Victim Conference held 4-5 March 2019
Last year Minister of Justice Andrew Little launched Hāpaitia te Oranga Tangata. The Safe and Effective Justice advisory group was formed to work alongside Justice Sector agencies and to support the reforms. Unfortunately, only two of the people in the group are Victim Advocates; the rest are academics.
In August of 2018 the Criminal Justice Summit was held at Te Rauparaha Arena in Porirua. It was a get together of people involved in our criminal justice system, with the idea to develop a way forward for the reforms. We were promised a fairer, safer justice system for everyone within the system, including victims.
The Criminal Justice Summit was a huge disappointment. The event was attended by approximately 1000 people and cost circa $1.5 million of tax-payers money! The summit was focused on how unfortunate offenders are, how we should be more accepting of their circumstances, and that the system should apologise for how they have been treated because ‘offenders are victims too’. We believe if a victim commits a crime, they have crossed the line and become an offender; they are no longer victims!
We could not accept that the reform of the Justice System would not include REAL Victims and their needs for change. So, we stood strong and one of our Sensible Sentencing Group Trust (SSGT) Victim Advocates Jayne Walker stood up and told her story of how her baby girl was murdered and how she also nearly lost her life in the attack. This was the turning point, bringing the Summit back to the plight of REAL victims and from that, it was announced there would be a Victim Conference – they heard us!
The Victim Conference was held on the 4th and 5th of March this year and after attending that we have a little more hope that there will be some positive steps made for REAL victims moving forward.
We do feel a lot of good suggestions for change were made, and there are changes that can be made quickly. We suggested that the Government make a list, then divide into two. One that requires legislative change, that could be ‘parked’ and one that can be instigated as soon as possible - prioritise that list and start acting. They just need the courage to actually make the changes!
A great suggestion was the need for a Victims ‘navigator’ or a Minister of Victims, which is something SST and SSGT have long advocated, and in fact it is what our Victim Advocates already do – working with the victim or the family of the victim from the moment of the offending, right through the system to parole and beyond; providing both education and practical support during their time of trauma. We know this ensures the victims are not left feeling helpless, alone and ignored when they end up in this circumstance through no fault of their own. We believe it aids in minimising the trauma to victims which in turn will assist in their long-term health and well-being.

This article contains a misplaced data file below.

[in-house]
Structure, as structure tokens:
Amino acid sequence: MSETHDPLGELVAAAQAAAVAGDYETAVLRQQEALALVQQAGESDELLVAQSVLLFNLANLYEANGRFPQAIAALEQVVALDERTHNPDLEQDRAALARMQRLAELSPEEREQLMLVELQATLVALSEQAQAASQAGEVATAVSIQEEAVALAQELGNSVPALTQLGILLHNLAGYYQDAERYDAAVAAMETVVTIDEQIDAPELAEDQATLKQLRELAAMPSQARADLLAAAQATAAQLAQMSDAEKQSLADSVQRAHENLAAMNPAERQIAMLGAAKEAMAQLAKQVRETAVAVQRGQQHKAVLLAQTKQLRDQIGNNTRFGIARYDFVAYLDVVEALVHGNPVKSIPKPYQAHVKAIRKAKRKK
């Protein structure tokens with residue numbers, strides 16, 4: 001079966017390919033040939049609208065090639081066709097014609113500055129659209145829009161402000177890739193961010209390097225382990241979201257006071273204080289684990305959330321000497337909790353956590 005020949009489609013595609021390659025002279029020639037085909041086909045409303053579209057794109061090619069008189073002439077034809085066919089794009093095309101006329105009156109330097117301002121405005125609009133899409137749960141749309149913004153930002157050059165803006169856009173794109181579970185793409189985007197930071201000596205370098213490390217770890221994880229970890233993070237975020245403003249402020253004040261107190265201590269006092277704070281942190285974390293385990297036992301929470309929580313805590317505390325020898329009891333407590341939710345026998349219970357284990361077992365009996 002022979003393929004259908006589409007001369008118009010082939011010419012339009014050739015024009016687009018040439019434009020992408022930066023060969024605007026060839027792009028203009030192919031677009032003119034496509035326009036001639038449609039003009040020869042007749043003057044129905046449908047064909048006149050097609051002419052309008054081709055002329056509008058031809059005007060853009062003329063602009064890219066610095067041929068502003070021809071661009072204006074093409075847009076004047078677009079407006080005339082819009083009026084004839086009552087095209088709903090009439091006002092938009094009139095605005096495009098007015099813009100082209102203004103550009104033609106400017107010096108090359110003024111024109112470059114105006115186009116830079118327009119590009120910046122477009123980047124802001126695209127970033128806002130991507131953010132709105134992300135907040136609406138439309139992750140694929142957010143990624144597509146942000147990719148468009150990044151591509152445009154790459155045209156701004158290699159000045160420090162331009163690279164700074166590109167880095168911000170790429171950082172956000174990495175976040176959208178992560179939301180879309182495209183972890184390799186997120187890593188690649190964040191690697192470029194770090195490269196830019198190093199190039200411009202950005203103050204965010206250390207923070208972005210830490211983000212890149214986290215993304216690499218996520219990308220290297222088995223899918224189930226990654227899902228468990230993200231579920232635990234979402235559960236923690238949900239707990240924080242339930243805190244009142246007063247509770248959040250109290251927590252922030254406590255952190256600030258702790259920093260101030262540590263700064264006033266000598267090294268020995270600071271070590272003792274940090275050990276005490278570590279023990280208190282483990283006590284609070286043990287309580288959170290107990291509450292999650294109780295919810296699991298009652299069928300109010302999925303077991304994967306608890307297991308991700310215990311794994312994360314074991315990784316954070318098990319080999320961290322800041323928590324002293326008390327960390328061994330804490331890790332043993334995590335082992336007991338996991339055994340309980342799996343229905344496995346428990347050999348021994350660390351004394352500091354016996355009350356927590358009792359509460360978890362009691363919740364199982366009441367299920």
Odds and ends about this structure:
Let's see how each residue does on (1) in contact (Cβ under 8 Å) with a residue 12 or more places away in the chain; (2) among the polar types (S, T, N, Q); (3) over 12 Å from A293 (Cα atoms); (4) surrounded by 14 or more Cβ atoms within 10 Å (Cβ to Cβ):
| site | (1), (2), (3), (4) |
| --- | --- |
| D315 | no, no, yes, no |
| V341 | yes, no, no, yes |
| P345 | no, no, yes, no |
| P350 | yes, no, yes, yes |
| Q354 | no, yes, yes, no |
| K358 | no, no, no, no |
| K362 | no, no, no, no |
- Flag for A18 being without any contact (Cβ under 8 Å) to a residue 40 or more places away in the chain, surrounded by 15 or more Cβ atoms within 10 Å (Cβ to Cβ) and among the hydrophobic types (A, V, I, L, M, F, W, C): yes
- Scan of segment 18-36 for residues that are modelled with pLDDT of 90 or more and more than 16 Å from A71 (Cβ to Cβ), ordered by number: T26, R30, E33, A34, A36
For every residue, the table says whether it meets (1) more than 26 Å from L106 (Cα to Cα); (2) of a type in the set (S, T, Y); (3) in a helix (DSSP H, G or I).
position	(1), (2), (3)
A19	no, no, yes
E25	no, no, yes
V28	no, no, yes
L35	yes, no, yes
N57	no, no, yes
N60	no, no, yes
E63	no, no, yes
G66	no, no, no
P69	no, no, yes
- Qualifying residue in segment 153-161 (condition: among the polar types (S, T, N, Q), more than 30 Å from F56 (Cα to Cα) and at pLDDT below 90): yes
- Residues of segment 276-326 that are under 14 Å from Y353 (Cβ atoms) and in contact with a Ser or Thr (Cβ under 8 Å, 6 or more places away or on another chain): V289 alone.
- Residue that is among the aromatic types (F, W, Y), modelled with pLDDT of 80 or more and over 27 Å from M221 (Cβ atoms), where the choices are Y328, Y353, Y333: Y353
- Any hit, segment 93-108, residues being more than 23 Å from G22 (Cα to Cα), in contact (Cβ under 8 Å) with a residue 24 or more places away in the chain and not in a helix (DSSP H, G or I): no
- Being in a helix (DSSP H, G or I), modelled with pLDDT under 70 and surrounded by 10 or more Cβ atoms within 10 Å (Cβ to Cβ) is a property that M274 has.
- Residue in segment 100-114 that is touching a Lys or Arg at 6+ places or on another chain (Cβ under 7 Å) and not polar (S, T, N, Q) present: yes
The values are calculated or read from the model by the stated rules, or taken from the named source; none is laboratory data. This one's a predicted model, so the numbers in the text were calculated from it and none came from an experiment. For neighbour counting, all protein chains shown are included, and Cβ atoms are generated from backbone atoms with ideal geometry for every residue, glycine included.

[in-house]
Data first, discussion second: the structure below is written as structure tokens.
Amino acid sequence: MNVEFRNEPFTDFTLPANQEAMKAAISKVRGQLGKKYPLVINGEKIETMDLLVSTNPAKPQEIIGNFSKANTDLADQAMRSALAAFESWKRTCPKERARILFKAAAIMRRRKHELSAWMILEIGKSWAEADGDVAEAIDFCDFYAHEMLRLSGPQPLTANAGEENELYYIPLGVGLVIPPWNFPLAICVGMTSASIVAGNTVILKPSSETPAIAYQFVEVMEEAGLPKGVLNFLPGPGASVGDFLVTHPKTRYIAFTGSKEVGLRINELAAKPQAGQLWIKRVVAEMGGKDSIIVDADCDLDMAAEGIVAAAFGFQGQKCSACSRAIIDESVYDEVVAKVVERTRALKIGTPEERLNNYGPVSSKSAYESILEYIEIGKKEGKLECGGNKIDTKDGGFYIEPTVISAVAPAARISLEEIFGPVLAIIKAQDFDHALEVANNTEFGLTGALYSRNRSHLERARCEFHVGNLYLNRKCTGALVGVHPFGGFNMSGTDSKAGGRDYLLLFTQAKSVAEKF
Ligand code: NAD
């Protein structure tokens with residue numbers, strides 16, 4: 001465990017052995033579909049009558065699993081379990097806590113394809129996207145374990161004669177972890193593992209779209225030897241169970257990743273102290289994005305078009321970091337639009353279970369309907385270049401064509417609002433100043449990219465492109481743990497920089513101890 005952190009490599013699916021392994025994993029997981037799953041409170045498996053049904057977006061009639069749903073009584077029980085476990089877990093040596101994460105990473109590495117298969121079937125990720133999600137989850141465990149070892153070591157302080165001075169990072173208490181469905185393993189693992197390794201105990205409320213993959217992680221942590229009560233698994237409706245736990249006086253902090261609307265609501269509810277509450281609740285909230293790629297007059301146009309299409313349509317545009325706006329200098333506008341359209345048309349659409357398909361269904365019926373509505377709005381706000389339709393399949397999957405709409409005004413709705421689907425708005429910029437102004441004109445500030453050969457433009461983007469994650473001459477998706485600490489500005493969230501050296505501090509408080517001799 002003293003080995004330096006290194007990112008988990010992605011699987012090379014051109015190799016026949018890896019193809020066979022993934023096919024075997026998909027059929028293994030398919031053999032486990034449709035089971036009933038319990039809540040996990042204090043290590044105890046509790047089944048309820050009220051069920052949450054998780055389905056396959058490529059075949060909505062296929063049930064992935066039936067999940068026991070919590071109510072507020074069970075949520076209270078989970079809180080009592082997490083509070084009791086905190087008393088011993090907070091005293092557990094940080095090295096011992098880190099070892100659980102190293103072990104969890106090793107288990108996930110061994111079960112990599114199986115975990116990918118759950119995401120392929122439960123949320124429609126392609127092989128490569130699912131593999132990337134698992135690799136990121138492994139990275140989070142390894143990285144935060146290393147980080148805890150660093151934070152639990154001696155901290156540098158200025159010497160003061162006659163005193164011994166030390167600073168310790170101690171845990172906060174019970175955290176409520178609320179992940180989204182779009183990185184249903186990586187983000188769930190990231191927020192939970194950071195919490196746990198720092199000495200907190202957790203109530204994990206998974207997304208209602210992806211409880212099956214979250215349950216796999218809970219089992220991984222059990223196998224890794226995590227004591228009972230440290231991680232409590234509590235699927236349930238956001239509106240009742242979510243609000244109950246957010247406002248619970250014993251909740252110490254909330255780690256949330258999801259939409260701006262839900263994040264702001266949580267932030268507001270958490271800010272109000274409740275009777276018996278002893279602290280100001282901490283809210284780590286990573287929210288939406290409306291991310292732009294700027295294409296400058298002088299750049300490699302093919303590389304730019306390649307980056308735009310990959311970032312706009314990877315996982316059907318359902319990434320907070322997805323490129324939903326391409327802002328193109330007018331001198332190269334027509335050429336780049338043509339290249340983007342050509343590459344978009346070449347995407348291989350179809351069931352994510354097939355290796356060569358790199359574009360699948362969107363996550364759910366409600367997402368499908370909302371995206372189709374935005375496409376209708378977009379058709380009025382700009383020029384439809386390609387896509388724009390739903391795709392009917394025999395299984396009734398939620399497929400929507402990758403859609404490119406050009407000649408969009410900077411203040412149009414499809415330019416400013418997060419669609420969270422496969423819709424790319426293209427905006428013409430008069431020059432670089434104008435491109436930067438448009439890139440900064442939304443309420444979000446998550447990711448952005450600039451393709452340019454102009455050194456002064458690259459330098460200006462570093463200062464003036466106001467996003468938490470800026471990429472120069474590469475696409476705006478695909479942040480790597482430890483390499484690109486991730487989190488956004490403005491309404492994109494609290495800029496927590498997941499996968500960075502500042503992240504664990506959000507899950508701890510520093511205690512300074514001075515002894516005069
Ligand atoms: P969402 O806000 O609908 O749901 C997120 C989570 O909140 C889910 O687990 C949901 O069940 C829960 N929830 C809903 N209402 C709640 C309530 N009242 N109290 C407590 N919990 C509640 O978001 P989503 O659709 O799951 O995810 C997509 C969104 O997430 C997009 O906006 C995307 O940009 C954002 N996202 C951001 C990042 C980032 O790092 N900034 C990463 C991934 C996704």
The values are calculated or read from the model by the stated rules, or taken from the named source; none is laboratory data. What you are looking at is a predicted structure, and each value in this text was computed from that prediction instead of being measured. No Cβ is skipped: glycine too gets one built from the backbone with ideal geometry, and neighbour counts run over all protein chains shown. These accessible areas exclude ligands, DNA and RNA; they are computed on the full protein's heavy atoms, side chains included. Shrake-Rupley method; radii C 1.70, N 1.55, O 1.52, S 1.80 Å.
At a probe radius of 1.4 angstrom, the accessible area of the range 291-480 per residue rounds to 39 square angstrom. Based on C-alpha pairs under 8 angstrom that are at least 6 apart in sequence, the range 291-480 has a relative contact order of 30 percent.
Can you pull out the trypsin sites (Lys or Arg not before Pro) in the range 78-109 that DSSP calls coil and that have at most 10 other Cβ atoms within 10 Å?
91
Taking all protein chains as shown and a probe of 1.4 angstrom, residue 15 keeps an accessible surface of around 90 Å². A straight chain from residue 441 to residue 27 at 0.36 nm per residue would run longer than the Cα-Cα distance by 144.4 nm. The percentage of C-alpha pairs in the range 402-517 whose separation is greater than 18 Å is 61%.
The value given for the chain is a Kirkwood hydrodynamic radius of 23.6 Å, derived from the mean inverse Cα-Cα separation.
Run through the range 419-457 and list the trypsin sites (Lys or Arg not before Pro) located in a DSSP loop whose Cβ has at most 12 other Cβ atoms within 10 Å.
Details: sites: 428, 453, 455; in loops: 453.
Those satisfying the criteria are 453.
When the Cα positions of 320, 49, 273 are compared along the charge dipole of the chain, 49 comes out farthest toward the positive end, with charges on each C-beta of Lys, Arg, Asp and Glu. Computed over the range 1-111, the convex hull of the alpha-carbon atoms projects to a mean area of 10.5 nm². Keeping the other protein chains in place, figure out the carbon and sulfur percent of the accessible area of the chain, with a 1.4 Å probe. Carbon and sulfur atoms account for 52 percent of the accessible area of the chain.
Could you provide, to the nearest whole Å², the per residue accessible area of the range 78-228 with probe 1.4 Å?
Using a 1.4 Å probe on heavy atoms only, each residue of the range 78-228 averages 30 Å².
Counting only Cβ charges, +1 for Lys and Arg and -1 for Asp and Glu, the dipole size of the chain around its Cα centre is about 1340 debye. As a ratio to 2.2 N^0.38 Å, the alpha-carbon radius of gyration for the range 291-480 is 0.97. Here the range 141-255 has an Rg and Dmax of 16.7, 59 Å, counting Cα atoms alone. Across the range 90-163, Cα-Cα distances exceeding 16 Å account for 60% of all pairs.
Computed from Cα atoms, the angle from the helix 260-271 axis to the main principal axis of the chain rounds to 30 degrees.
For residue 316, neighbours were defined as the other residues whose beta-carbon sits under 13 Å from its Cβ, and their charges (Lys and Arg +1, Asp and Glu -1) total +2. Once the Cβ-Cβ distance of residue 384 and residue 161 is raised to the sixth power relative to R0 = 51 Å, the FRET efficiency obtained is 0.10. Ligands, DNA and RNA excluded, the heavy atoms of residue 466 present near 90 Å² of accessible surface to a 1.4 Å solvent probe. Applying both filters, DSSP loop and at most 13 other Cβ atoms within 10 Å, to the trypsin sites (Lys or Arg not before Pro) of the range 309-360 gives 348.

We bought up the need for equitable investment in victims, as there is for offenders - there is so much available for offenders but not victims. There also needs to be more flexibility round what services are offered to victims in regard to health and wellbeing requirements after the trauma of the incident, and to ensure they don’t go on to become sick. If their needs were met initially it would cost the government far less long term and be far more compassionate. This also includes Victim Support and their rigidity in what services they will cover with counselling and other services. i.e. only registered counsellors rather than specialised psychologists, hydro therapy and so on. Needs differ and therefore flexibility is required round different treatments.
Most of the speakers were academics, the only victim advocacy group to speak was Victim Support. There was no opportunity for groups such as our Victim Advocates who support the victims of serious violent crime, sexual violence and families of homicide victims to speak.
Judges, lawyers, academics, members of the Parole Board, Corrections staff and Police attended, and it was positive that they did, but there was no representative from Mental Health which was a huge disappointment given the number of offenders with mental health, drug and alcohol issues in prison.
Do we think there will be positive outcomes for victims from these meetings, going forward? We sincerely hope so as it will directly impact on victims and we look forward to hopefully seeing a positive change for REAL Victims.
Leigh Woodman - National Victims Advisor